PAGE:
Hunter Downs progressing

The Hunter Downs irrigation scheme is progressing to the next stage, a pre-construction assessment.

Its investment offer attracted the minimum amount of $4 million needed to proceed.

Hunter Downs Irrigation Ltd chairman Andrew Fraser said there was a strong uptake from landowners, with actual subscriptions already over the 20,000 shares required.

The subscribers included farmers and landowners within the potential 60,000ha command area from Waimate to Otipua, plus some from outside who were keen for the scheme to go ahead.

The offer period for raising capital has been extended until tomorrow, with an amendment to the Investment Statement and Prospectus.

''There's plenty of positive feeling out there and extending allows some people more time to complete their applications,'' Mr Fraser said. The company was still trying to contact landowners it had not yet been able to reach.

''We want to ensure that everybody is as informed as possible and has the opportunity to participate.''

Some farmers were just coming to terms with the impact of Environment Canterbury's new water quality regulations, he said.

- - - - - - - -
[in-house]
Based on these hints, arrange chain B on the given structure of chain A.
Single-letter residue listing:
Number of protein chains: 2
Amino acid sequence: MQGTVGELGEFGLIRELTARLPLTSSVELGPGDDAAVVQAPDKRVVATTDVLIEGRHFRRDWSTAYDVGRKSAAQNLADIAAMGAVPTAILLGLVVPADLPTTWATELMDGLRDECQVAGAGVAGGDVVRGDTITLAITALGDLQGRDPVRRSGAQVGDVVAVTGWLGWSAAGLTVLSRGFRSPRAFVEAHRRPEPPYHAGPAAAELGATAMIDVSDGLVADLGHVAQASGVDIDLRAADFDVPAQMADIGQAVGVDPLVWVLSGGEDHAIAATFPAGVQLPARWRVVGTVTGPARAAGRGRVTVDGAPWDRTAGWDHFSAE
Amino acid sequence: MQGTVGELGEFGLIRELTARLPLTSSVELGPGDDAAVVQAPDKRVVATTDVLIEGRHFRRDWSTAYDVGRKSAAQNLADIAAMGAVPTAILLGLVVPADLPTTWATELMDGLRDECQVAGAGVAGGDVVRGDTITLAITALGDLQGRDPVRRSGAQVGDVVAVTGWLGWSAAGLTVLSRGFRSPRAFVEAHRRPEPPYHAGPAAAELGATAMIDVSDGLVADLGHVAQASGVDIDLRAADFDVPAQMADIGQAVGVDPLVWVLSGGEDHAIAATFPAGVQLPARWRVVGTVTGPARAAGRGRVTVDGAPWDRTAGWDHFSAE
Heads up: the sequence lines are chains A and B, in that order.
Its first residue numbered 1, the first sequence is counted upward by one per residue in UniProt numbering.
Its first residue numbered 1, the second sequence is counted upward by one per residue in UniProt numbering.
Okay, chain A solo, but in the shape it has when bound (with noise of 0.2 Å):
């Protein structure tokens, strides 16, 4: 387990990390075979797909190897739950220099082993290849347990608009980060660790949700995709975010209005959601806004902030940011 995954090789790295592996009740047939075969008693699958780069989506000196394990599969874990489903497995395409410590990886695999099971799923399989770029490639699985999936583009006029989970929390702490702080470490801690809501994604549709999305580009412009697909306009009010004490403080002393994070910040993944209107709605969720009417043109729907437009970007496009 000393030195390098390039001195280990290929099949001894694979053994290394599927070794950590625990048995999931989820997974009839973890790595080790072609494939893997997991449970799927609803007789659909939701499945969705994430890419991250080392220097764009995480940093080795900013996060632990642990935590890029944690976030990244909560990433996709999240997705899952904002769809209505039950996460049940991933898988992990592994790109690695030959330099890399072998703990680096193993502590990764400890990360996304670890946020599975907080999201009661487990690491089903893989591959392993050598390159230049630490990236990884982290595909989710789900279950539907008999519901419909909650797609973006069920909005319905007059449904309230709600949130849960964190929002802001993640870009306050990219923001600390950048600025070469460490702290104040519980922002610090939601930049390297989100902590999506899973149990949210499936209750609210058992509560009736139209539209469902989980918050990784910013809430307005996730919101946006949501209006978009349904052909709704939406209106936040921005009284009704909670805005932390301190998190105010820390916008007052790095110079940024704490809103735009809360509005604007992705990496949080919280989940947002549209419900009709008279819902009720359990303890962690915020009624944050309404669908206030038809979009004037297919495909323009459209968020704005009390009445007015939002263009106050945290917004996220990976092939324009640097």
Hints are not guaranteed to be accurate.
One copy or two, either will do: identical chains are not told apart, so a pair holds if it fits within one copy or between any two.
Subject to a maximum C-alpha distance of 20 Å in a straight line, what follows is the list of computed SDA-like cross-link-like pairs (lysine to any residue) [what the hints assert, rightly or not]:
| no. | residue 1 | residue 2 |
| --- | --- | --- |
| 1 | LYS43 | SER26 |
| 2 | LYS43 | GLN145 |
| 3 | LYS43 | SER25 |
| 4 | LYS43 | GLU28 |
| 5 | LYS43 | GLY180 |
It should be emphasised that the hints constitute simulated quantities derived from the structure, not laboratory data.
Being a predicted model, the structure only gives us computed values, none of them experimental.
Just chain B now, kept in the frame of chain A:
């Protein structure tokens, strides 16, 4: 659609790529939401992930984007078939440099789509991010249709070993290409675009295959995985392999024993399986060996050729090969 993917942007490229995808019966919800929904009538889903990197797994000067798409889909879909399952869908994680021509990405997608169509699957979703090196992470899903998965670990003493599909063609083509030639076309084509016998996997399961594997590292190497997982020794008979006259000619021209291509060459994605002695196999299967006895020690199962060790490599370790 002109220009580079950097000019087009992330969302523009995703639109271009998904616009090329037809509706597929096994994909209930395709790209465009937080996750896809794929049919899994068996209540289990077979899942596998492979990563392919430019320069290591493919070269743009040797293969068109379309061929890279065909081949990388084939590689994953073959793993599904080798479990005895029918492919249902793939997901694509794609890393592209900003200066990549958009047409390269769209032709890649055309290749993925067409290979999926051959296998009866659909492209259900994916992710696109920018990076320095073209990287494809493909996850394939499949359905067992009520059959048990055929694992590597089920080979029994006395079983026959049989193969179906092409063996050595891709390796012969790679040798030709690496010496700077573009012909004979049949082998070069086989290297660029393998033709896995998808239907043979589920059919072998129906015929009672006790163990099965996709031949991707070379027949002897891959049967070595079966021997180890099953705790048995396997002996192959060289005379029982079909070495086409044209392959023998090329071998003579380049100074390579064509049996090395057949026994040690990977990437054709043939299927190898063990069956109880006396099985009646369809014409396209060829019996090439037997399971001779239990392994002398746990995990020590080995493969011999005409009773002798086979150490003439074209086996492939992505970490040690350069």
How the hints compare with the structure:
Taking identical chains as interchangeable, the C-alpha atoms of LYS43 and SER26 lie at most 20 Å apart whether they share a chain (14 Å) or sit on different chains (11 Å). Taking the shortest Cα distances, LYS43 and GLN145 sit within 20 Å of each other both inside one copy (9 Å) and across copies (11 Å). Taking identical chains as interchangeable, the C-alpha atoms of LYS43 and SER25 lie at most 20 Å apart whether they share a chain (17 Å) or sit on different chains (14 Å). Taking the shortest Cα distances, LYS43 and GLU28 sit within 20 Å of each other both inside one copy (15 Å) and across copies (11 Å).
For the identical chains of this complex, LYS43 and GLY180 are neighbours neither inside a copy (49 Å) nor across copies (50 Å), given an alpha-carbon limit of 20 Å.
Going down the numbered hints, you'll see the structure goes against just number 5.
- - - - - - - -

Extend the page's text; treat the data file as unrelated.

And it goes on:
''For many, the potential of the scheme to mitigate some of the current restrictions around land use change was as an important a consideration as the ability to access water for irrigation.''

ECan's zone committee overseeing the Hunter Downs area has identified the irrigation scheme as part of its preferred scenario to achieve water quality outcomes by augmenting flows. The Wainono Lagoon, especially, was likely to benefit.

The share uptake would contribute to a $15 million programme to assess whether the scheme was technically and economically viable, and to further work on resource consents, land access, and procuring construction specialists and capital in the next two years.

The scheme has consent to take and use up to 20.5cumecs from the Waitaki River.

If the coming work showed the scheme was viable and enough capital was raised, construction was expected to start late in 2016 and water could be delivered from the beginning of the 2018-19 season.

- by Sally Brooker 

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